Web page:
Australia risks yearly economic losses on par with the pandemic by 2050 unless the country ramps up its fight on the “existential threat of climate change”.
Not only would the cost of inaction devastate Australia’s bottom line, but a new report has estimated nearly 900,000 jobs will be shed from at-risk industries within 50 years under a business-as-usual approach.
Deloitte Access Economics’ report, called A new choice: Australia’s climate for growth, found Australia is primed for an economic contraction of 6 per cent and $3.4 trillion in lost GDP by 2070 if the worsening effects of climate change remain unchecked.
The research paper contends farmers, manufacturers, miners and tourism businesses will be on the front line of an estimated 880,000 job losses unless global warming is restrained to 1.5 degrees Celsius by 2050.
Queensland would contribute more than half those losses (470,000, or 7 per cent of the state’s workforce) and endure a 14 per cent dip in gross state product (GSP) due to its exposure to high temperatures, high-emitting industries and export sectors.
Other jurisdictions including the Northern Territory (12 per cent lost GSP, 18,000 job losses) and Western Australia (9 per cent lost GSP, 110,000 job losses) would also be ravaged by heat stress and less demand for fossil fuels.
However, it’s not all doom and gloom – but only if politicians change tack under a model proposed by Deloitte’s economists.
A ‘new growth recovery’ – including a net-zero emissions target by 2050, upgrading electricity infrastructure and renewables innovation boosted by government and private investment – would create a $680 billion economic dividend.
That proposed model would expand the economy by 2.6 per cent and generate 250,000 new jobs by 2070, Deloitte said.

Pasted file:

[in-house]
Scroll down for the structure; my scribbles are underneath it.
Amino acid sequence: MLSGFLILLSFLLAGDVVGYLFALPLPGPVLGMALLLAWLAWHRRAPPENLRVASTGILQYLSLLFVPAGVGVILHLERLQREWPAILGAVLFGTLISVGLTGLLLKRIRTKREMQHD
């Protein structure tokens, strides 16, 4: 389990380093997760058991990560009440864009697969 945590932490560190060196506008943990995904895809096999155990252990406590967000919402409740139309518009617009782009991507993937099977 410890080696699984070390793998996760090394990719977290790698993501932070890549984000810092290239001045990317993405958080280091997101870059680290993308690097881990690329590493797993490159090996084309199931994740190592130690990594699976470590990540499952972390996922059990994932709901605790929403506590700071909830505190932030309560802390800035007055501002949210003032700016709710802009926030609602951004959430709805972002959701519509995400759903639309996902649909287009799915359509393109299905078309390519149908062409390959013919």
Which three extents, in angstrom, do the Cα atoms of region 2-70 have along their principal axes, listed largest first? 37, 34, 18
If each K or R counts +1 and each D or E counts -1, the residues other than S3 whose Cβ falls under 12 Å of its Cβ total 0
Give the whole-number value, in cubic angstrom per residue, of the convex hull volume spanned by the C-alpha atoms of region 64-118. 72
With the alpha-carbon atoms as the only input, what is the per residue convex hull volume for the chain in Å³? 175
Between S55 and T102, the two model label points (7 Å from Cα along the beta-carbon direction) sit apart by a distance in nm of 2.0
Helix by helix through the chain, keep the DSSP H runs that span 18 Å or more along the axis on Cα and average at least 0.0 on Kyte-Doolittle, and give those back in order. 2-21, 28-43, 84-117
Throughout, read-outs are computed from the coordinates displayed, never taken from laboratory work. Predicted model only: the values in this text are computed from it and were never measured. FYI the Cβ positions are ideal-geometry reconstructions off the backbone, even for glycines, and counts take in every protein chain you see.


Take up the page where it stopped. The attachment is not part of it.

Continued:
Chief economist at Deloitte Australia Chris Richardson said the report is an “urgent wake-up call” for policymakers to fast-track Australia’s shift to an emissions-neutral economy, with each passing year exacerbating the damage on local businesses and the environment.
With nearly a quarter of employed workers sitting in industries exposed to the dangers of an unplanned transition to renewables, the stakes are high, he said.
“The benefits of acting are huge. But we are fast running out of opportunity,” Mr Richardson said.
“The best and most effective way to tackle climate change is through market mechanisms. Australians need policy and regulatory reform that modernises our economy and unleashes business investment.”
Deloitte’s research follows a week of net-zero emissions commitments by economic powerhouses including Japan and South Korea, which have reignited pressure on the federal government to establish a firm deadline on its emissions target.
Meanwhile, a report by centre-right think tank the Blueprint Institute – which has links to former Liberal frontbencher Christopher Pyne – found Australia’s sluggishness on decarbonisation risks hurting international trade relations.
And British Prime Minister Boris Johnson also urged Prime Minister Scott Morrison last week during a phone call to pursue “ambitious targets” to reach net-zero emissions.
Principal report author and Deloitte Access Economics lead partner Dr Pradeep Philip said although the numbers were “sobering”, pursuing a new pathway sooner would reduce the pain for future generations.
“Yes, there’ll be costs. And there’ll be some losers. But we’ll all be losers if we fail to act,” Dr Philip said.
“Whatever Australia does or doesn’t do, the global warming which has already taken place will hurt our lives and livelihoods. This cost is locked in – it is the cost of delay,” Dr Philip said.
“This tells us that there is isn’t a ‘no cost’ option. So if we could take action today to prevent the next great recession from climate change, why wouldn’t we?”
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